What is Link State Routing Protocol?

Before delving into the protocol’s details, it’s necessary to understand how packets are routed through a computer network. When it comes to computer networks, their primary objective is to enable communication among computing devices. The devices may be connected directly or via one or more intermediary devices, such as routers or switches.

What is link state routing
What is link-state routing?

For example, when you browse a website on the internet, e.g., www.cspsprotocol.com. Your laptop first does a DNS lookup to get the hosting server IP address. After getting the IP, it sends an HTTP web page request encapsulated in an IP packet and displays the response.

IP packets are routed toward the destination on an outgoing link from your laptop to the server at each hop.

From your in-house internet router, only one link connects to ISP. But on other intermediate routers, there can be one or more next hops toward the destination.

A Routing protocol decides what link to choose for the next hop. Link State Routing Protocol is one of the routing protocols.

What is Routing Protocol?

In a computer network,  each node maintains a routing table. When it receives a packet,  a lookup is made in the routing table, and the outgoing link for the next hop is selected.

You can check a routing table on Linux with the command( ip route).

# ip route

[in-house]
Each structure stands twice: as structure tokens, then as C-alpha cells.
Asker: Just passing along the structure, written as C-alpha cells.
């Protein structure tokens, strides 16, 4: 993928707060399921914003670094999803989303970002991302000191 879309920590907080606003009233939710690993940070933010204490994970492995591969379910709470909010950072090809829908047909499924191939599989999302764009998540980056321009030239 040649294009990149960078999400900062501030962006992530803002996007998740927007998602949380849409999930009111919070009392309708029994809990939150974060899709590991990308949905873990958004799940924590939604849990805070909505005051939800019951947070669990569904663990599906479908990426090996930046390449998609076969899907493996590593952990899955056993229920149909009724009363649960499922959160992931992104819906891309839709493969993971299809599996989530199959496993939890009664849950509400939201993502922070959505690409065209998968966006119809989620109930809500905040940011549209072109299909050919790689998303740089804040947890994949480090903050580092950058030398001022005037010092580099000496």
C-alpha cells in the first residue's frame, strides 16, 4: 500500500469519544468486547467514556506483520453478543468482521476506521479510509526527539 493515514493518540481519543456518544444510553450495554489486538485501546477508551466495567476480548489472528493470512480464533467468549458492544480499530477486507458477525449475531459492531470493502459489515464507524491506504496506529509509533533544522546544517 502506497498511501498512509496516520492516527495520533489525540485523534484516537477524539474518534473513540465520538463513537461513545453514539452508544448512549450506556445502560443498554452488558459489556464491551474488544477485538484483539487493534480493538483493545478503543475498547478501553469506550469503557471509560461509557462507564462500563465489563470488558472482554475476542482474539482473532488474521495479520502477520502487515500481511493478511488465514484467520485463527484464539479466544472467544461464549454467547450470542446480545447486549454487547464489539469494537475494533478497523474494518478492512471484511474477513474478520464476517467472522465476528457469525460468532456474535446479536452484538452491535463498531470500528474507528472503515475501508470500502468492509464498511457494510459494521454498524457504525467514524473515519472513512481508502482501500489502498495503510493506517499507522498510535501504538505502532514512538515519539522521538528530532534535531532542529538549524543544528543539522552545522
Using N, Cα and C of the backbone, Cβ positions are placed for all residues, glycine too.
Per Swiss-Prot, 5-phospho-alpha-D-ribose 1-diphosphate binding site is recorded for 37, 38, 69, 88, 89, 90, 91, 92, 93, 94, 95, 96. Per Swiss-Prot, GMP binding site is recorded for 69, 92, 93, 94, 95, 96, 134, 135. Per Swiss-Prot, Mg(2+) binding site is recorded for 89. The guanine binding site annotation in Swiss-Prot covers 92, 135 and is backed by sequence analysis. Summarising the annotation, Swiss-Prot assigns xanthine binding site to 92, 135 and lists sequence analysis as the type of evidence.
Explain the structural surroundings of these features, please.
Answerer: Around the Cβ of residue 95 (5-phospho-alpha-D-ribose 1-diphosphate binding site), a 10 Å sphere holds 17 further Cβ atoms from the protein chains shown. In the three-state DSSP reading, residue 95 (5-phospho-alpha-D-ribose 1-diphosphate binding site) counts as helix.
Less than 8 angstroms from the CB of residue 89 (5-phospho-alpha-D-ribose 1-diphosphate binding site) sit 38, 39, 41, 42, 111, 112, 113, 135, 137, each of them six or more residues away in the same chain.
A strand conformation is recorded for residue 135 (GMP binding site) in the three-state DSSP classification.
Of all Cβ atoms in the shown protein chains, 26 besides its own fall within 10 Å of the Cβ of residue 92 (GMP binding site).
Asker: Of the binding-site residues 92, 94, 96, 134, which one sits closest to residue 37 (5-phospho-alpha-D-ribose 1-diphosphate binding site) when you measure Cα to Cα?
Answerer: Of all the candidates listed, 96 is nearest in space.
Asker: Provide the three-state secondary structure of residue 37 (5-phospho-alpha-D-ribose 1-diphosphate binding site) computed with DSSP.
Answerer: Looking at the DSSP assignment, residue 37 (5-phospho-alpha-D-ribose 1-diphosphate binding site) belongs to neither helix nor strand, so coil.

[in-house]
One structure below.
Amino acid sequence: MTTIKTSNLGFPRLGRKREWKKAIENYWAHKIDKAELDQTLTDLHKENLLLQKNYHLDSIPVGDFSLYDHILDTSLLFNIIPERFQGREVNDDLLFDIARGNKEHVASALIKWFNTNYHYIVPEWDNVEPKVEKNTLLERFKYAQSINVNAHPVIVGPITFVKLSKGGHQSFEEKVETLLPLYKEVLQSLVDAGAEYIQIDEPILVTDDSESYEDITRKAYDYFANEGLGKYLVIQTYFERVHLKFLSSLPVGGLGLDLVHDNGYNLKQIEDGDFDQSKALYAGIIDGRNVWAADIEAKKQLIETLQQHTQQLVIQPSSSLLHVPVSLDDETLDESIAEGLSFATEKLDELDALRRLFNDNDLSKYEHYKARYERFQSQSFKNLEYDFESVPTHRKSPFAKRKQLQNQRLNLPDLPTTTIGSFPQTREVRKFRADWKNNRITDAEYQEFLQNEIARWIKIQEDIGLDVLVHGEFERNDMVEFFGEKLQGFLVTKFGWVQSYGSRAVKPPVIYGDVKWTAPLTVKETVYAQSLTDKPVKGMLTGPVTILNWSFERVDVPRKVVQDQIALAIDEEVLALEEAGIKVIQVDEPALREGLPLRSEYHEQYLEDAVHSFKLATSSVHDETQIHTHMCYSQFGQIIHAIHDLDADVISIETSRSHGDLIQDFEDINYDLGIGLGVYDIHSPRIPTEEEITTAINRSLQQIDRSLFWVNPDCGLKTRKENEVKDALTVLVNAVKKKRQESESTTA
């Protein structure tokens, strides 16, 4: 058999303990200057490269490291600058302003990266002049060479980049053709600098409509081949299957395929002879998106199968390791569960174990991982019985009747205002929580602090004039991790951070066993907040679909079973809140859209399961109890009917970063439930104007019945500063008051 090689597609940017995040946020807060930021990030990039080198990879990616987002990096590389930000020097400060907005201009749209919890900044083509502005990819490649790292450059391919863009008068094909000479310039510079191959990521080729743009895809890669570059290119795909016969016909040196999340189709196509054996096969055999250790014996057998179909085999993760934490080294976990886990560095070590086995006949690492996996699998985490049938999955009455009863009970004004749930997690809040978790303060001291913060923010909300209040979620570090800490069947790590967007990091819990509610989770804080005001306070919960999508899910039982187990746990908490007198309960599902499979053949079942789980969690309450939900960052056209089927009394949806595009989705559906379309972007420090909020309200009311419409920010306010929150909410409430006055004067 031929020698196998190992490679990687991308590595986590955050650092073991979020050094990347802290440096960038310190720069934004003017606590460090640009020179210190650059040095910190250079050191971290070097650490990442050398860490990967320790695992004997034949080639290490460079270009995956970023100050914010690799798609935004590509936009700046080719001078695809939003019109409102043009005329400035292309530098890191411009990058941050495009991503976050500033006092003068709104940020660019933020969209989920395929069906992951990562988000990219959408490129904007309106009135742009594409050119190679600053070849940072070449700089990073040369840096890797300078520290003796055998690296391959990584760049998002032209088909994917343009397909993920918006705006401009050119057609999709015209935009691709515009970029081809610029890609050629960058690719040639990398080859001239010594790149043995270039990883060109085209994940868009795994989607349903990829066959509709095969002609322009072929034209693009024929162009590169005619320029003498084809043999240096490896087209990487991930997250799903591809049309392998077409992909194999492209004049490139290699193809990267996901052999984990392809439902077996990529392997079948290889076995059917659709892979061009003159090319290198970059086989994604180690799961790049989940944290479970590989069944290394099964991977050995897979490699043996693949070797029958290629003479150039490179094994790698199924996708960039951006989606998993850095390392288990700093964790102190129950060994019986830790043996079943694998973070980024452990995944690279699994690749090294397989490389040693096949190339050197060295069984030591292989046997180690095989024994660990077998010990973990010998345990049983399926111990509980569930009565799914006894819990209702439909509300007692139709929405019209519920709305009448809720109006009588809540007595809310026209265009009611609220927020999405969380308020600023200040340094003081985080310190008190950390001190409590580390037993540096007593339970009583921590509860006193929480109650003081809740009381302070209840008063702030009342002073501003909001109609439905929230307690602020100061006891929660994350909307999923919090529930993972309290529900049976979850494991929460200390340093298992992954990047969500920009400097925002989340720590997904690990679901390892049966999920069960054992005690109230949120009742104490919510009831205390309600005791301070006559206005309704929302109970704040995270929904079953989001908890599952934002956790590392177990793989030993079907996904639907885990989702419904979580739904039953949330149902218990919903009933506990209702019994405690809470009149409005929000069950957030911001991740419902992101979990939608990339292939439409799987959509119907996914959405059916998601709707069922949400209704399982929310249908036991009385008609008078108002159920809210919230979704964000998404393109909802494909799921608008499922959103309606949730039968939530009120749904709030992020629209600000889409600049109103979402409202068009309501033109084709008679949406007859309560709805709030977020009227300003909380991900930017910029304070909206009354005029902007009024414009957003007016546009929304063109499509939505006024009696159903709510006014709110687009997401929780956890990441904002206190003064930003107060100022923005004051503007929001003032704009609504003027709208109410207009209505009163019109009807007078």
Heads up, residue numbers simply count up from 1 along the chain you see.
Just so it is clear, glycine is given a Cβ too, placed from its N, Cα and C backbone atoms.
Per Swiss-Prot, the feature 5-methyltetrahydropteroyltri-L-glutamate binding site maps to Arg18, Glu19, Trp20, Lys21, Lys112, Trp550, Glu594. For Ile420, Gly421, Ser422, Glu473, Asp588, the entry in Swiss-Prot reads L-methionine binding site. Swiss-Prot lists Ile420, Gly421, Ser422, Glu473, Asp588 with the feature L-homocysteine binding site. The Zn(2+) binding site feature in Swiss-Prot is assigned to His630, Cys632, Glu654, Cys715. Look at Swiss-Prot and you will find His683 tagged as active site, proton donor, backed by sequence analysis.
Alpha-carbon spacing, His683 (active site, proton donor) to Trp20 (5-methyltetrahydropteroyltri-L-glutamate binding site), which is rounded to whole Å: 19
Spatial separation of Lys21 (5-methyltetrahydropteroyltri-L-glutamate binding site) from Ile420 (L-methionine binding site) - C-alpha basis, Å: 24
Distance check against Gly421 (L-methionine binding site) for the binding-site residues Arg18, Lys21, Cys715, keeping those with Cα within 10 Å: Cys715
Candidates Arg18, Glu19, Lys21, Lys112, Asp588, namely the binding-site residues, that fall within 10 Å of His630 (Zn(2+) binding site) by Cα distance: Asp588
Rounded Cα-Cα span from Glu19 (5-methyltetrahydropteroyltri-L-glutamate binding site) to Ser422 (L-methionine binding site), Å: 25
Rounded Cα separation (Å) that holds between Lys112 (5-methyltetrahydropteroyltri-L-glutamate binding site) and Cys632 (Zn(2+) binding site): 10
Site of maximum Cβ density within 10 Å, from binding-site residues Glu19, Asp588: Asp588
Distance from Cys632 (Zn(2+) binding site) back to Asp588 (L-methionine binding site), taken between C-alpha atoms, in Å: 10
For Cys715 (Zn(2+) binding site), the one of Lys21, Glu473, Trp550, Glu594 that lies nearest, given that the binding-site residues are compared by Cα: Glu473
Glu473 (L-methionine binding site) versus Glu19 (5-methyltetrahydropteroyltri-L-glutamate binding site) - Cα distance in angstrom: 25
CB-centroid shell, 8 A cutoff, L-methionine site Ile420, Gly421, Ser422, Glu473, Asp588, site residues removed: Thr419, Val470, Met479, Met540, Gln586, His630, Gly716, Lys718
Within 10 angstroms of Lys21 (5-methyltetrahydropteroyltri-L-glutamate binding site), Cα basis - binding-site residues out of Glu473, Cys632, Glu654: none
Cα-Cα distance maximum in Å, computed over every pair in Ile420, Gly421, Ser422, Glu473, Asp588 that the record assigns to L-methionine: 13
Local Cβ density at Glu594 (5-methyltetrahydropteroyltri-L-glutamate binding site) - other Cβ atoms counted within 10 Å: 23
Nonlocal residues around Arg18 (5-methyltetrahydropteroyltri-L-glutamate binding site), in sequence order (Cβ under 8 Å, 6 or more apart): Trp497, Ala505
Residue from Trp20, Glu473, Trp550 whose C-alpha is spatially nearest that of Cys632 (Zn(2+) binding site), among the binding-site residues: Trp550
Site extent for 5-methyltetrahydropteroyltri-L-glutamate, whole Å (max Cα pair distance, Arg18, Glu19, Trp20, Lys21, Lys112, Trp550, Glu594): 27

default via dev enp0s3
default via dev enp0s3 proto dhcp metric 100
default via dev enp0s9 proto static metric 102 dev enp0s3 scope link metric 1002 dev enp0s3 proto kernel scope link src metric 100 dev enp0s3 proto kernel scope link src metric 100 dev enp0s9 proto kernel scope link src metric 102 dev enp0s8 proto kernel scope link src metric 101

If you look at any of the lines, it says what IP address (subnet/default) needs to be forwarded via which ethernet interface. The IP routes are static in the above example. But what if a node has multiple links to reach a destination, and the link chosen is down?

In this case, we must use a dynamic routing protocol such as Link State Routing Protocol. In this, the neighbor nodes inform each other about the link status from them. That results to have updated routing tables after a new update.

What is Link State Routing Protocol?

It belongs to the family of Dynamic routing protocols. Mainly the network routers implement it. This is based on open standards so that each routing device can support it. Each router in the network exchanges links state messages to the neighboring routers either on startup/attach or whenever network topology changes.

With the information received, the router updates/creates a link-state database, applies the Dijkstra algorithm shortest path first and updates the routing table.

Link State Routing Protocol Network
Link State Routing Protocol Network with link cost and routers

Link States Packets – Example flow of message exchanges among routers.

R3–>R2 : [ R2-5, R4-7],  R3–>R4 : [ R2-5, R4-7], R4–>R3 : [ R1-4, R3-7], R2–>R3 : [ R1-8, R3-5]
R2–>R1 : [ R1-8, R3-5], R4–>R1 : [ R1-4, R3-7], R4–>R1 : [ R1-4, R3-7], R1–>R2 : [ R1-4, R3-7]
R1–>R4 : [ R8-4, R4-4] 

After updating the database on R1 and Applying the Dijkstra algorithm, the routing tables will look like the following.

Route to R311R4
Route to R313R2
Route to R44NA
Route to R28NA

If R1 receives a packet to the server, it will send it via R4. The above metrics will again change if the network updates the link status of cost.